The acts of the synod of Pistoia were published in Italian and Latin at Pavia in 1788.
He was educated at Pavia and Bologna, and in 1812 became professor of law at the latter university.
By the treaty of Pavia in this year, Louis granted the Palatinate of the Rhine and the upper Palatinate of Bavaria to his brother's sons, Rudolph II.
In 725 Luidprand purchased and removed to Pavia the body of St Augustine of Hippo from Cagliari, whither it had been brought in the 6th century by the exiled bishop of Hippo.
LUIGI CREMONA (1830-1903), Italian mathematician, was born at Pavia on the 7th of December 1830.
He then returned to Pavia, where he pursued his studies at the university under Francesco Brioschi, and determined to seek a career as teacher of mathematics.
Parmesan is not confined to the province from which it derives its name; it is manufactured in all that part of Emilia in the neighborhood of the P0, and in the provinces of Brescia, Bergamo, Pavia, Novara and Alessandria.
There are 21 universitiesBologna, Cagliari, Camerino, Catania, Ferrara,Genoa,Macerata, Messina, Modena, Naples, Padua, Palermo, Parma, Pavia, Perugia, Pisa, Rome, Sassari, Siena, Turin, Urbino, of which Camerino, Ferrara, Perugia and Urbino are not state institutions; university courses are also given at Aquila, Ban and Catanzaro.
Of these the most frequented in 1904-1905 were: Naples (4745), Turin (3451), Rome (2630), Bologna (1711), Pavia (1559), Padua (1364), Genoa (1276), and the least frequented, Cagliari (254), Siena (235) and Sassari (200).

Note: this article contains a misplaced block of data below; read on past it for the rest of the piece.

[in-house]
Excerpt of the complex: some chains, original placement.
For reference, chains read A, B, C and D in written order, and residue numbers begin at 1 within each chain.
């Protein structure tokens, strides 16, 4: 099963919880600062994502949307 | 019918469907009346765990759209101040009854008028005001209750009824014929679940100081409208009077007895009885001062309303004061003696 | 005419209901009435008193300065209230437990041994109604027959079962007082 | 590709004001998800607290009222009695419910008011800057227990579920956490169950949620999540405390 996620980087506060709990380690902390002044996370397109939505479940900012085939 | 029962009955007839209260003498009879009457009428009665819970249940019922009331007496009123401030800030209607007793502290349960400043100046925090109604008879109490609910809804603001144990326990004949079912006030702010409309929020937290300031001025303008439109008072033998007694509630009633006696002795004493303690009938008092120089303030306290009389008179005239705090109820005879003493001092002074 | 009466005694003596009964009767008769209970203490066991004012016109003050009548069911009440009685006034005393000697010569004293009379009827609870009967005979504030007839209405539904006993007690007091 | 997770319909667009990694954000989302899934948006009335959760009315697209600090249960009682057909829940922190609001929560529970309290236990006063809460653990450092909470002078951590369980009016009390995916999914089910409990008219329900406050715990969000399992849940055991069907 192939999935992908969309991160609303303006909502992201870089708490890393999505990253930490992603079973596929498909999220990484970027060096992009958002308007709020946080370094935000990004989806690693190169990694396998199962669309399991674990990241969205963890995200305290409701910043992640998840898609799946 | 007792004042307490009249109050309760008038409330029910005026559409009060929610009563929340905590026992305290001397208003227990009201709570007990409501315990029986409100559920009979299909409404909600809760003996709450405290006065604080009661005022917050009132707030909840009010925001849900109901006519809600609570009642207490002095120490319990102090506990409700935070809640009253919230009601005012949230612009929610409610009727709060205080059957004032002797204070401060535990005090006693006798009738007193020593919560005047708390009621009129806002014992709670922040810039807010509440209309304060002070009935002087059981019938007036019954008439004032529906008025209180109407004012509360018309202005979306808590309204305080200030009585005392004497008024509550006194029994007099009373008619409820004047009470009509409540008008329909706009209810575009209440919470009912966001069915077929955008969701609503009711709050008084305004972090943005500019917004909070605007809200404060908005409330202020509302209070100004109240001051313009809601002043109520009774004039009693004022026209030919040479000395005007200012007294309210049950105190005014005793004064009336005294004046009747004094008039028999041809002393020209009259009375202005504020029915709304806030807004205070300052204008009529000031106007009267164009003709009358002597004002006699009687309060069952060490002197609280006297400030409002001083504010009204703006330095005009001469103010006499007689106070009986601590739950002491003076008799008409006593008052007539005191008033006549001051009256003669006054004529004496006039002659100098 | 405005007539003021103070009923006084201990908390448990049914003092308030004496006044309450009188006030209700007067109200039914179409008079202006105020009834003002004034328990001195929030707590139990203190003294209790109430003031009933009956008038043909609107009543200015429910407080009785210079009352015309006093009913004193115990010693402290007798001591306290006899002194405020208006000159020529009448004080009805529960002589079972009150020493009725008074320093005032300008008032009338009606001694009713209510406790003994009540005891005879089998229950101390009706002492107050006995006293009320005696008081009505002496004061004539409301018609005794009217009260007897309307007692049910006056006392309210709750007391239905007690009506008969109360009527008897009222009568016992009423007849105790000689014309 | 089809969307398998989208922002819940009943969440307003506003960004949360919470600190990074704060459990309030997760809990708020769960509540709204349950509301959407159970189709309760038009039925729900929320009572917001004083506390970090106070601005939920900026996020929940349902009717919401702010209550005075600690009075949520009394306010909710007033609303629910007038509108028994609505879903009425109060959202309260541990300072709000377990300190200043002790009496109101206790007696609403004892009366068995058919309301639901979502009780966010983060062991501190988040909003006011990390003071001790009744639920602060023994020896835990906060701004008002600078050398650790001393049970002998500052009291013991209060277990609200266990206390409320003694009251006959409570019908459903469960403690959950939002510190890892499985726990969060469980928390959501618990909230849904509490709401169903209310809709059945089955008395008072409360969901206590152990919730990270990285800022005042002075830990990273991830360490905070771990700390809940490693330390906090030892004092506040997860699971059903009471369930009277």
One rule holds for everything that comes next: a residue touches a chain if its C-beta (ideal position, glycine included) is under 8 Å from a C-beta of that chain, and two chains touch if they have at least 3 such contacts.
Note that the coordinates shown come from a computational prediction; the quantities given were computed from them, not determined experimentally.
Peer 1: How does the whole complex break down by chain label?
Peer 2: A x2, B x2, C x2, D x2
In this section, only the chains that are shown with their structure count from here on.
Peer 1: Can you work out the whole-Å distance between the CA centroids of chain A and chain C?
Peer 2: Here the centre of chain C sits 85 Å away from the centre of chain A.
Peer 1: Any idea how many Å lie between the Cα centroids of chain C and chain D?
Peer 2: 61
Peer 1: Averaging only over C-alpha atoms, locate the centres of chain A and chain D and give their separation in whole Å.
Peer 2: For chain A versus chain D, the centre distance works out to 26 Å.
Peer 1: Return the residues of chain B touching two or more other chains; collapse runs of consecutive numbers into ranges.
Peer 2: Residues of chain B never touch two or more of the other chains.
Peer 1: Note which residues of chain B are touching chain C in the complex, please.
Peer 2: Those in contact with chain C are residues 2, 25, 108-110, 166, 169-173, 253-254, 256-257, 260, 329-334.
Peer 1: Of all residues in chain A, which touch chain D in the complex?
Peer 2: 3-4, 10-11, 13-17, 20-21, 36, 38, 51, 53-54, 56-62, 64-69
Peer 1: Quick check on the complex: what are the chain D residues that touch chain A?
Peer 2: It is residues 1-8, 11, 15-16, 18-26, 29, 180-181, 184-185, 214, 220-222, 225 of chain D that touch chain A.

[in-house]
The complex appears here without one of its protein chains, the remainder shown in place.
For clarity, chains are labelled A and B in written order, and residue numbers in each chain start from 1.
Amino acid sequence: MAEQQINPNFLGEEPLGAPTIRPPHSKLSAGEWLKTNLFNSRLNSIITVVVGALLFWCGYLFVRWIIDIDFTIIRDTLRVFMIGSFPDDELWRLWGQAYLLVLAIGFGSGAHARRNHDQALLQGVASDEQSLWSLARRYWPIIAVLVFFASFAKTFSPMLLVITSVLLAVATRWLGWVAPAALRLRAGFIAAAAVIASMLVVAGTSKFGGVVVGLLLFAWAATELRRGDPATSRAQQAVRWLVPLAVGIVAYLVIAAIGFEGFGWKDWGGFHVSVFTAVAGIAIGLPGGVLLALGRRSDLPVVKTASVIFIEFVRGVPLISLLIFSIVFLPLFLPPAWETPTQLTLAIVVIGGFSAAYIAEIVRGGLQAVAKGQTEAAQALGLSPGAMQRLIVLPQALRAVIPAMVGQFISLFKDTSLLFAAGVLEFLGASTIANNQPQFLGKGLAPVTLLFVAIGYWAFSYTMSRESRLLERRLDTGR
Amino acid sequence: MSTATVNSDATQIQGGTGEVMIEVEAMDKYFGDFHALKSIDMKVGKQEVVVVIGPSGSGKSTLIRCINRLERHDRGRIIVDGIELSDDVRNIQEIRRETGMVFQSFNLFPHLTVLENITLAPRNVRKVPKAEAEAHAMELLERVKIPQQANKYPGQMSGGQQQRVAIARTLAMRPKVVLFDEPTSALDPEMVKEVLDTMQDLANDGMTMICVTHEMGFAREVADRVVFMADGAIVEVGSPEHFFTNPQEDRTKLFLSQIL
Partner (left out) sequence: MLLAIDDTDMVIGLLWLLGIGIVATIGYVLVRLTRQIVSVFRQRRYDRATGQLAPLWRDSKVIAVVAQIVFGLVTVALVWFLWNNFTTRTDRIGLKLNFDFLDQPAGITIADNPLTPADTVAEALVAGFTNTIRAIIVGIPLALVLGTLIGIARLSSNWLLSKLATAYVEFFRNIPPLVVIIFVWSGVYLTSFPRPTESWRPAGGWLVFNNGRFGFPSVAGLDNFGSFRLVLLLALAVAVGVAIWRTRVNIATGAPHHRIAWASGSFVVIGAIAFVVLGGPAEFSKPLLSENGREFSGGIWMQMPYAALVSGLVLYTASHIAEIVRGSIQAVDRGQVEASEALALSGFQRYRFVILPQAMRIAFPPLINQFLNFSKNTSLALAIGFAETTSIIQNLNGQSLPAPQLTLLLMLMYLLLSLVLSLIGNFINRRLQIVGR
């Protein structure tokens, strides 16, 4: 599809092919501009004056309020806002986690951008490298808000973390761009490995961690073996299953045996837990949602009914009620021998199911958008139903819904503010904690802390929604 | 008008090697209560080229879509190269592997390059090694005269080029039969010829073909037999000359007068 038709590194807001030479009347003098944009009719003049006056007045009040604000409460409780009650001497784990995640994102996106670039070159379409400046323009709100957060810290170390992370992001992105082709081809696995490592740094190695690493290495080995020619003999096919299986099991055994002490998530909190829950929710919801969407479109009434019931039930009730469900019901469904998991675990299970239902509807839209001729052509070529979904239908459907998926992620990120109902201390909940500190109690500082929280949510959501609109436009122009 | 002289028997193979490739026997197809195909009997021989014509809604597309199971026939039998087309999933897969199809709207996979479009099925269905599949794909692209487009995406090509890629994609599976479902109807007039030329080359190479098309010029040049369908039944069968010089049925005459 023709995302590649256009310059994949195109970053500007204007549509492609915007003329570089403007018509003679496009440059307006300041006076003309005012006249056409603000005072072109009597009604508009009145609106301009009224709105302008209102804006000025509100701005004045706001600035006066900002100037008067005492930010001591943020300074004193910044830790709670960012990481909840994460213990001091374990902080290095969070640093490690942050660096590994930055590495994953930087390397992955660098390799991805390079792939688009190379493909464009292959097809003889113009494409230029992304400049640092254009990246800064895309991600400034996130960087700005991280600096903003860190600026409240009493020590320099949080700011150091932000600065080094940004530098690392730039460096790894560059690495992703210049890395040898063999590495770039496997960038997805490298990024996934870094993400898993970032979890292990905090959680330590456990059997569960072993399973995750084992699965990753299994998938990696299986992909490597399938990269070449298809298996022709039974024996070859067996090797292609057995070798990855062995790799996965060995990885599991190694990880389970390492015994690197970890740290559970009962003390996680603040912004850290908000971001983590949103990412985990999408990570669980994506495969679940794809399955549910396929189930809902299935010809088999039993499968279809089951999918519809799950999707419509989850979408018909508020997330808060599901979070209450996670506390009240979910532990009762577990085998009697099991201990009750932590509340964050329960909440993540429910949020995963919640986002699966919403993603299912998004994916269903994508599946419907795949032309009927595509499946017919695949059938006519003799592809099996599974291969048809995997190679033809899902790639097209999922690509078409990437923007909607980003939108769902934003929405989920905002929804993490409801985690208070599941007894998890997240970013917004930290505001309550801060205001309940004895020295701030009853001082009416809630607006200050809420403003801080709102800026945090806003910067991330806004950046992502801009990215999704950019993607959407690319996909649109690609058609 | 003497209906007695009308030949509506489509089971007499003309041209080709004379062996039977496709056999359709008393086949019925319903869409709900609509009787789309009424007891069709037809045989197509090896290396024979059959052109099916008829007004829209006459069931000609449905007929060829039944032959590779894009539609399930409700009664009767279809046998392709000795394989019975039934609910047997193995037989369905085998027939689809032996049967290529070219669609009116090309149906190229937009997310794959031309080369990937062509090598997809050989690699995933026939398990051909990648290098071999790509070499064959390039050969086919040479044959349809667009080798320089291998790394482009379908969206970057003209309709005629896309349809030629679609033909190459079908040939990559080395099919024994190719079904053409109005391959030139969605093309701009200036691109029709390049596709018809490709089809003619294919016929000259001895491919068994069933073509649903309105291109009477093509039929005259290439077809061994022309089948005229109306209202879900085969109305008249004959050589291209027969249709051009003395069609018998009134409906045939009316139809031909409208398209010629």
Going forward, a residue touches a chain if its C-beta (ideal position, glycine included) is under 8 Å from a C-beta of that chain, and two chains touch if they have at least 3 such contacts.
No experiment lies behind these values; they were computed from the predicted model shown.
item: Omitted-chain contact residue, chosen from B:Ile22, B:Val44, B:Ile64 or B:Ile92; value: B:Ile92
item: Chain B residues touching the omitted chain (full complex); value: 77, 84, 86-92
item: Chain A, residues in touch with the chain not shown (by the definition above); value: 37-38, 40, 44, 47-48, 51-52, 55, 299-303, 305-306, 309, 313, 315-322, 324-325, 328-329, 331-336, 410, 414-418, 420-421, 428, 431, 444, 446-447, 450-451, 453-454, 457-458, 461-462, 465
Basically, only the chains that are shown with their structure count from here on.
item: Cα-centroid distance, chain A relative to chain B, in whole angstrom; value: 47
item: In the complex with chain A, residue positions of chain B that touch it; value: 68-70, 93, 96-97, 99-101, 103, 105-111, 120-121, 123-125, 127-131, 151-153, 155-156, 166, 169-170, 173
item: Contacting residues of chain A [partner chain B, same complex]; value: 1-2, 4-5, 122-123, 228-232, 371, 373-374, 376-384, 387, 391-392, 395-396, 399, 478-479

From the general confiscation were exempted the buildings actually used for public worship, as episcopal residences or seminaries, &c., or which had been appropriated to the use of schools, poorhouses, hospitals, &c.; as well as the buildings, appurtenances, and movable property of the abbeys of Monte Casino, Della Cava dci Tirreni, San Martino della Scala, Monneale, Certosa near Pavia, and other establishments of the same kind of importance as architectural or historical monuments.
At Pavia the barbarian conquerors of Italy proclaimed him king, and he received from Zeno the dignity of Roman patrician.
Pavia offered stubborn resistance; but after a three year siege it was taken, and Alboin made it the capital of his new kingdom.
Three separate capitals must be discriminated Pavia, the seat of the new Lombard kingdom; Ravenna, the garrison city of the Byzantine emperor; and Rome, the rallying point of the old nation, where the successor of St Peter was already beginning to assume that national protectorate which proved so influential in the future.
The virtual outcome of the contest carried on by Rome since the year 726 with Byzantium and Pavia was to place the popes in the position held by the Greek exarch, and to confirm the limitation of the Lombard kingdom.